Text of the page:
Explaining Online Poker in the U.S

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The online poker industry in the United States has seen substantial growth in recent years. According to the World Poker Tour (WPT), there are approximately 100 million online poker players globally, with 60 million in the U.S. alone in 2021.

In the same year, Michigan state grossed $1.4 billion in total iGaming receipts, of which online poker was a portion. This is clear evidence that online poker is a booming industry again.

Whether for daily entertainment, improving strategies, or a way to relax while traveling, enthusiasts are quickly jumping on the bandwagon. If you want to know more, you’re in the right place as we’re going to look at online poker in the U.S.

History of Online Poker

Online poker for real money first began on January 1, 1998, when it was offered by Planet Poker. It didn’t gain widespread popularity until 2003, when a man named Chris Moneymaker qualified online for the World Series of Poker (WSOP) main event and won $1m. The news made headlines and ignited the poker boom of 2003 as people tried their luck in the game, with many aspiring to follow suit and win millions.

The poker boom lasted a few short years up until 2011, when the government shut down much of the online gaming industry, what became known as Black Friday. It’s been over a decade since the nationwide halt, and Americans are slowly regaining confidence in online poker, with many trying poker games for fun.

Online Poker Today

While some form of wagering, whether in casinos or lotteries, is legal in 48 states, online poker for real money is still heavily regulated, and you can’t play in every state. Across the U.S., online poker legalization has been slow, with lawmakers putting up bills for consideration and committees working at the speed of a turtle to move forward.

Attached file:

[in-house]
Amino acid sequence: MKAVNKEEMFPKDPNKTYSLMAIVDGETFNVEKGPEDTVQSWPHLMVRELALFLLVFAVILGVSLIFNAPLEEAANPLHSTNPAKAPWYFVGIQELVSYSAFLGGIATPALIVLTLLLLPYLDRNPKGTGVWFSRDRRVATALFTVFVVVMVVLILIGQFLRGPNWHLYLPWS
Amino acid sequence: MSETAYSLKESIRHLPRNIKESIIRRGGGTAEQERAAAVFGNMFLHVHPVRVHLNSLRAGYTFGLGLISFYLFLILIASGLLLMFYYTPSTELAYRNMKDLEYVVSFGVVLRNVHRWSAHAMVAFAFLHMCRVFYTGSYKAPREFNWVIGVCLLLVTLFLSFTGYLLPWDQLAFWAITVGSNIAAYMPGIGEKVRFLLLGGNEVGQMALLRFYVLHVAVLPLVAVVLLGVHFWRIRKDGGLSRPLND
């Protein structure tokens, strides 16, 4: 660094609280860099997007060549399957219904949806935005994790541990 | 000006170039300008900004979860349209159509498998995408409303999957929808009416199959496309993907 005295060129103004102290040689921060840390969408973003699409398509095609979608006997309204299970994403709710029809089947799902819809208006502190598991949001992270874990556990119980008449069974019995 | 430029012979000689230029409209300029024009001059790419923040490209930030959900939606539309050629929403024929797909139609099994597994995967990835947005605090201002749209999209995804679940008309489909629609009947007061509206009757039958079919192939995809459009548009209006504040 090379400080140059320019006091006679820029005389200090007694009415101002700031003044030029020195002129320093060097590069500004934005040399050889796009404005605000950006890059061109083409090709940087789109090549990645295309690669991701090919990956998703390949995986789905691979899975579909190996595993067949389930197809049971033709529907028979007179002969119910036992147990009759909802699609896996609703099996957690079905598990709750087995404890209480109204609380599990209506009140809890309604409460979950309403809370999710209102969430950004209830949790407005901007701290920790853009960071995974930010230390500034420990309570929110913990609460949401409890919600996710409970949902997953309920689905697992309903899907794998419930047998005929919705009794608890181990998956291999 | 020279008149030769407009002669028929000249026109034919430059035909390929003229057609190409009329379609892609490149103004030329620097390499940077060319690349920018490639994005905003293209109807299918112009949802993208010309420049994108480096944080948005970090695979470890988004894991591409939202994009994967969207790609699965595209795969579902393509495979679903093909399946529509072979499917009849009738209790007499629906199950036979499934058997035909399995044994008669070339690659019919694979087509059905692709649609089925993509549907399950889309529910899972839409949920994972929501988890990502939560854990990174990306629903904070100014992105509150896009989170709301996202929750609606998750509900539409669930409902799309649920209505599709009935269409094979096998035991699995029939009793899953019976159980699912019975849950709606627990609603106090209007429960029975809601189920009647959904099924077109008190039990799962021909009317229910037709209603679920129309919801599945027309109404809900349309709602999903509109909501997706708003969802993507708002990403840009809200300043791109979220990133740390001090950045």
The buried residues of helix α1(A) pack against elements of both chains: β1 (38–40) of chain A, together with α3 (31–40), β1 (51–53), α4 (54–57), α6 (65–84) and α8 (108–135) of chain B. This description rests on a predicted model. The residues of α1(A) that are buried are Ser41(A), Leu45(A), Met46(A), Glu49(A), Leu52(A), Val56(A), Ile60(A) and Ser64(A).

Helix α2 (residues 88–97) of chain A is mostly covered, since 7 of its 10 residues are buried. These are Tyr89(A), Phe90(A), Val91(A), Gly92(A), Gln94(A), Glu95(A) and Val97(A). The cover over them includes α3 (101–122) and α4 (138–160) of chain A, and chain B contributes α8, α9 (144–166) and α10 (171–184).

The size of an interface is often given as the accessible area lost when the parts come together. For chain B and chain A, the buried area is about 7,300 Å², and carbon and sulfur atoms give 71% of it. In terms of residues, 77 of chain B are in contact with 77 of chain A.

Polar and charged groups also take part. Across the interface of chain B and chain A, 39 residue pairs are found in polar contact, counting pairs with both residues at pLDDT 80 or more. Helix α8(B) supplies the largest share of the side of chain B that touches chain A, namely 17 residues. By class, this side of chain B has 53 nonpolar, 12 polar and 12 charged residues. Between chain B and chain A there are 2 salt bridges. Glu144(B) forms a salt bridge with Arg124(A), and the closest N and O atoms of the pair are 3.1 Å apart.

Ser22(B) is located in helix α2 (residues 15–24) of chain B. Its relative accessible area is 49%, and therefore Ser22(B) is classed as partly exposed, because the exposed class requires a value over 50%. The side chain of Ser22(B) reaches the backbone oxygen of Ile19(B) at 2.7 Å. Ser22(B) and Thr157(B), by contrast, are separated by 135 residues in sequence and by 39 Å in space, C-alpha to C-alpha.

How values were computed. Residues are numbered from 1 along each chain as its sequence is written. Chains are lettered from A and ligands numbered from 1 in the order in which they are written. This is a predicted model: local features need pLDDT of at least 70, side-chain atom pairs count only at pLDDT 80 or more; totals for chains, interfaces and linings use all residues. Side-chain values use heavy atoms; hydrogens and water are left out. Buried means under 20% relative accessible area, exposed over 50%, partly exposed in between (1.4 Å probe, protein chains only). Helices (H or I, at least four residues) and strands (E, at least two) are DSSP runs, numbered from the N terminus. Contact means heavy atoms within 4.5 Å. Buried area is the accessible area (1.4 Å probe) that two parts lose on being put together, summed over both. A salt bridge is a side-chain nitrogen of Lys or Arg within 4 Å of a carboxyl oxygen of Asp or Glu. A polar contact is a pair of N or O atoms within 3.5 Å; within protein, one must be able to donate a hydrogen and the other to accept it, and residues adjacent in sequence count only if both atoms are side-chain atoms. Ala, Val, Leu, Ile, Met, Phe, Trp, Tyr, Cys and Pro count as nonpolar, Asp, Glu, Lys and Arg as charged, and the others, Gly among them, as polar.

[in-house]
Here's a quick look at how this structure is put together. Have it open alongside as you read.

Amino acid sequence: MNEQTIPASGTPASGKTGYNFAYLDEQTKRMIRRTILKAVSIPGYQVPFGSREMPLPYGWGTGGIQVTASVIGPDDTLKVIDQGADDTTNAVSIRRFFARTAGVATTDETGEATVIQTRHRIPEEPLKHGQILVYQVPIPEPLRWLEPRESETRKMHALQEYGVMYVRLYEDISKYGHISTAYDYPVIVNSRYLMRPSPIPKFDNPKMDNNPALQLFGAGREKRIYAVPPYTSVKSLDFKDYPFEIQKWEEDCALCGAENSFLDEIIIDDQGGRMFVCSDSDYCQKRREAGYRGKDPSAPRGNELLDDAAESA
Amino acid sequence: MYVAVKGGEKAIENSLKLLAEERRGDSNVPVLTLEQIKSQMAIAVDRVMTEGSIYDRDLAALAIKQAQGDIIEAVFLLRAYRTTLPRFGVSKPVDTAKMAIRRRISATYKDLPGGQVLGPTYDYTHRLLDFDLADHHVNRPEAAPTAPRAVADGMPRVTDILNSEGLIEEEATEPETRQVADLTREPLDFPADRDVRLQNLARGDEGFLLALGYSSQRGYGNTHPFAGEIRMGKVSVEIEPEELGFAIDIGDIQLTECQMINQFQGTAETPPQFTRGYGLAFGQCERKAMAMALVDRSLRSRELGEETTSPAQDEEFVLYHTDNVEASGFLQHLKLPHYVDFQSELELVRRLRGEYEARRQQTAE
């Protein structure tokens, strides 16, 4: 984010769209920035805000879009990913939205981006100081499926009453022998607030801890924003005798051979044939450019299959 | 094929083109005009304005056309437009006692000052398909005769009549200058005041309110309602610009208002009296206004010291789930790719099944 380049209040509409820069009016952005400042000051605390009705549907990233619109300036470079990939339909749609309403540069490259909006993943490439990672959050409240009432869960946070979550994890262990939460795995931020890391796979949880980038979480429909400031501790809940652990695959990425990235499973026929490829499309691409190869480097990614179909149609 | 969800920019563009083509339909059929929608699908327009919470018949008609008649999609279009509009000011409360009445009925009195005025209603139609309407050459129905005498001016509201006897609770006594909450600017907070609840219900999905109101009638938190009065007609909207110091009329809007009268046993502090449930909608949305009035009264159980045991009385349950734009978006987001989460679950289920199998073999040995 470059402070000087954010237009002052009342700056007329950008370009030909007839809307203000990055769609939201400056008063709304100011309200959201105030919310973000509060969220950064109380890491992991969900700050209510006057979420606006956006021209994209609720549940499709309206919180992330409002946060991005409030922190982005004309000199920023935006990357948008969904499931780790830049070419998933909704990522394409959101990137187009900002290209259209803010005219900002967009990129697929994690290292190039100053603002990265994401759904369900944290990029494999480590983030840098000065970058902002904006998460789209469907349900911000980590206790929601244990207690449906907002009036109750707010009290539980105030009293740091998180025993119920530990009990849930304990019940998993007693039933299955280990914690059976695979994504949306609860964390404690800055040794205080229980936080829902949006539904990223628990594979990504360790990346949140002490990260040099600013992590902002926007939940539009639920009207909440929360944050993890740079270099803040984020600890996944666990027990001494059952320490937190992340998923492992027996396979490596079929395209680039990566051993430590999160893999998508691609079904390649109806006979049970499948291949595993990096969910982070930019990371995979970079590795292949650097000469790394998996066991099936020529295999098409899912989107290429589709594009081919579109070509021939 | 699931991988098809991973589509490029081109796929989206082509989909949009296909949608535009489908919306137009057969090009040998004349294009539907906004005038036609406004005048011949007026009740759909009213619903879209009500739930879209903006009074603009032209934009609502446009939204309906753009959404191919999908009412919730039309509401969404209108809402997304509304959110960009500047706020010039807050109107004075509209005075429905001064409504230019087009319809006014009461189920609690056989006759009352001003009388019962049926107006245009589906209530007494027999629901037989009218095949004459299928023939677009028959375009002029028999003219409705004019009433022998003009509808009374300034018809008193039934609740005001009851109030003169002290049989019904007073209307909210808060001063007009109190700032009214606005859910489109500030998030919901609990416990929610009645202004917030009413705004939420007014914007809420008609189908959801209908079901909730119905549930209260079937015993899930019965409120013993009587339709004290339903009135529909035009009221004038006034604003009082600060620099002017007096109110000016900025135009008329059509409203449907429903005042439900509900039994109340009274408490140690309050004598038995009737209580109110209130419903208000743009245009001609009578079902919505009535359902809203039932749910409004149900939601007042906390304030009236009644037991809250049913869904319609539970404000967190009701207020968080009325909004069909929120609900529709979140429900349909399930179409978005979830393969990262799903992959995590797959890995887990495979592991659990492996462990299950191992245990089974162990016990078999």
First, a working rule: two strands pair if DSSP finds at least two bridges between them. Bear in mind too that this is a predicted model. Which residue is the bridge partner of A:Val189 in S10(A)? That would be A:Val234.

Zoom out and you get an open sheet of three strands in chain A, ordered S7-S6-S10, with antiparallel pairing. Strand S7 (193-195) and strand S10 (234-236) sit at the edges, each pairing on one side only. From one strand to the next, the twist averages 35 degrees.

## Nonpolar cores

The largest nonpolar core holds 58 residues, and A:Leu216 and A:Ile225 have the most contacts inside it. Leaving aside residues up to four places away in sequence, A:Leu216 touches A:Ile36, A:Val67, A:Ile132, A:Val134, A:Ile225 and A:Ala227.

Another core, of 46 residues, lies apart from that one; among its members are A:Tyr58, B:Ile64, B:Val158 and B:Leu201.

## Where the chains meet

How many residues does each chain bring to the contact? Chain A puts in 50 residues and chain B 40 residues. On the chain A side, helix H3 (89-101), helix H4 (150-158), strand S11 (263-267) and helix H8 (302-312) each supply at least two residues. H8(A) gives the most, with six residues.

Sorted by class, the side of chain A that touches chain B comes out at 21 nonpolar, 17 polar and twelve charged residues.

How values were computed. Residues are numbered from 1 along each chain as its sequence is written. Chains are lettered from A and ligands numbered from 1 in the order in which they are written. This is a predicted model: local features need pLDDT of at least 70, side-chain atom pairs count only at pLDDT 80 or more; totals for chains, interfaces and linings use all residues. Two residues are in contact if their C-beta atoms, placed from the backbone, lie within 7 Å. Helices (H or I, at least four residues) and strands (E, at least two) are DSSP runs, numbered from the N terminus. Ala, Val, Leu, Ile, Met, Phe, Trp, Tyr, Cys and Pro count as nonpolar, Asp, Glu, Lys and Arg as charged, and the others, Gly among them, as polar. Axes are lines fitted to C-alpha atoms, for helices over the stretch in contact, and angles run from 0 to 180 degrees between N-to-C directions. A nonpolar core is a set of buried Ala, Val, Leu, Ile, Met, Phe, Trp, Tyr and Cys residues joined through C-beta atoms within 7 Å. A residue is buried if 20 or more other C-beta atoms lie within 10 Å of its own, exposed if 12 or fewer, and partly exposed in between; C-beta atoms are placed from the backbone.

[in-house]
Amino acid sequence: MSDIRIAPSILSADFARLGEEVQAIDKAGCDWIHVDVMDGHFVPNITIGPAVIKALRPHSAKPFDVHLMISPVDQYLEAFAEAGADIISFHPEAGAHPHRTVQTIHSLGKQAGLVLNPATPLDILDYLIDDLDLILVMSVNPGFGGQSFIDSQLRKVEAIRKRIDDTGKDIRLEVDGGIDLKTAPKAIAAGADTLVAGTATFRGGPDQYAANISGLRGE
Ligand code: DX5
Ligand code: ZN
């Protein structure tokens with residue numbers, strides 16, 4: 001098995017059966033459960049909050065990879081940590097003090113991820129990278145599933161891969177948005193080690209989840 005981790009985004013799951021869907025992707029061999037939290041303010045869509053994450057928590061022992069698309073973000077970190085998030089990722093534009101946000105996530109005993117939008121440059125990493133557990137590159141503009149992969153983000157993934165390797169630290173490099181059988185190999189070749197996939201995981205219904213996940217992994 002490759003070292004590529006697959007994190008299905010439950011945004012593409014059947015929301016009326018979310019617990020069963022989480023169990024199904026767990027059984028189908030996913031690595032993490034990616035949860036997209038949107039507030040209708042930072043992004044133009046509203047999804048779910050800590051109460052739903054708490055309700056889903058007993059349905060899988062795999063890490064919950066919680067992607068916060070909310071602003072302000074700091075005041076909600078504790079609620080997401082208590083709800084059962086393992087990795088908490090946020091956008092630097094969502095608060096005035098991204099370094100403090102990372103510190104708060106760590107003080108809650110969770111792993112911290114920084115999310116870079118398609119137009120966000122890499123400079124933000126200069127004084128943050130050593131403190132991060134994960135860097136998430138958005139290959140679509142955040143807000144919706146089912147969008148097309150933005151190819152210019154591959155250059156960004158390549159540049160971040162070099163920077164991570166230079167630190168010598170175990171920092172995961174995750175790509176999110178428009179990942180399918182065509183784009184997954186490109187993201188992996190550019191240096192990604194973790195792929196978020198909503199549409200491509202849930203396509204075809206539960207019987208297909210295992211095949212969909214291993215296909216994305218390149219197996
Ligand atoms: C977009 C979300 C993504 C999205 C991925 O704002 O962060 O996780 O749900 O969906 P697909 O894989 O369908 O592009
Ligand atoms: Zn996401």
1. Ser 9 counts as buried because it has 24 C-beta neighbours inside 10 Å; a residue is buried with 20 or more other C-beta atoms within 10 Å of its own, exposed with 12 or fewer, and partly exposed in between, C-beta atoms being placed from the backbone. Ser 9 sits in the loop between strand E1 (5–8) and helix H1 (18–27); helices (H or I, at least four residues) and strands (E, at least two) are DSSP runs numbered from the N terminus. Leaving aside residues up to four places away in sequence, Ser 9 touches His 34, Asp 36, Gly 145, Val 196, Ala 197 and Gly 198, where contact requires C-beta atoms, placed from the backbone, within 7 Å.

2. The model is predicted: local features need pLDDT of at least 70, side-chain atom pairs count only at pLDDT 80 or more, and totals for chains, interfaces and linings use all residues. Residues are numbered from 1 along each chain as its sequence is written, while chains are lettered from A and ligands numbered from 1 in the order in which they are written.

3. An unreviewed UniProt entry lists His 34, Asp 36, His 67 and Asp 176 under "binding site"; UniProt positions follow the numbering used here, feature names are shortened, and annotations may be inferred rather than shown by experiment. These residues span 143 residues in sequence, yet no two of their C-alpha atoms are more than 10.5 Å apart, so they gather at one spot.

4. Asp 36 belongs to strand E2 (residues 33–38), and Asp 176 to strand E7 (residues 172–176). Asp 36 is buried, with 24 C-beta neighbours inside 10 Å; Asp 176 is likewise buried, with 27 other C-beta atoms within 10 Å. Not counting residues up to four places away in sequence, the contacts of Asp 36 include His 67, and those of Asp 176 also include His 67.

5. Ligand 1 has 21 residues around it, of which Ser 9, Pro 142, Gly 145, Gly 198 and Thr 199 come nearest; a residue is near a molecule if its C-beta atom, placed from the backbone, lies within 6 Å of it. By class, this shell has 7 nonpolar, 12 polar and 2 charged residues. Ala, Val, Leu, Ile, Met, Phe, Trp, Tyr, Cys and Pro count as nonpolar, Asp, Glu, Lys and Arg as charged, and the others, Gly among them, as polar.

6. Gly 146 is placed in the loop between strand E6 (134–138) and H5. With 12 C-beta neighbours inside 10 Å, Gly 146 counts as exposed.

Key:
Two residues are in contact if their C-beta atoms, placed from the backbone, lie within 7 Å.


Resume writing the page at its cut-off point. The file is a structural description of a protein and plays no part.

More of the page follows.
As of this writing, only five states have legalized state-licensed internet poker for real money. Those states are Michigan, Delaware, New Jersey, Nevada, and Pennsylvania.

Poker legalization has also passed in two other states, West Virginia and Connecticut; however, there are still no licensed operators conducting business. This is evidence that even though lawmakers have already legalized online poker if the citizens have no desire to play, then no growth or development will occur.

For those that want to play online poker but live in states that don’t allow it, there are free-to-play poker apps and websites with play money, like Zynga Poker or PlayWPT. Or, you could always drive to a nearby real casino if you live close to one.

Online Poker in the Future

Even though the legislative approval process is slow, there are some states that might approve online poker in the imminent future. In 2019, Indiana passed legislation making retail sportsbooks legal, including mobile wagering within state lines; therefore, online poker could be next on their ballot. Florida, Illinois and Colorado currently allow live poker games in the state and have opened up discussions to legalize online poker, so they could also be next. It is possible that, as more states realize how much revenue can be collected from tax dollars, like that of Michigan, they will be encouraged to follow suit by legalizing online poker.

Online poker has come a long way, from a boom to a bust to another boom. Now, as different states are slowly opening up to online poker, you can play and have fun online, but check your state laws before going all-in.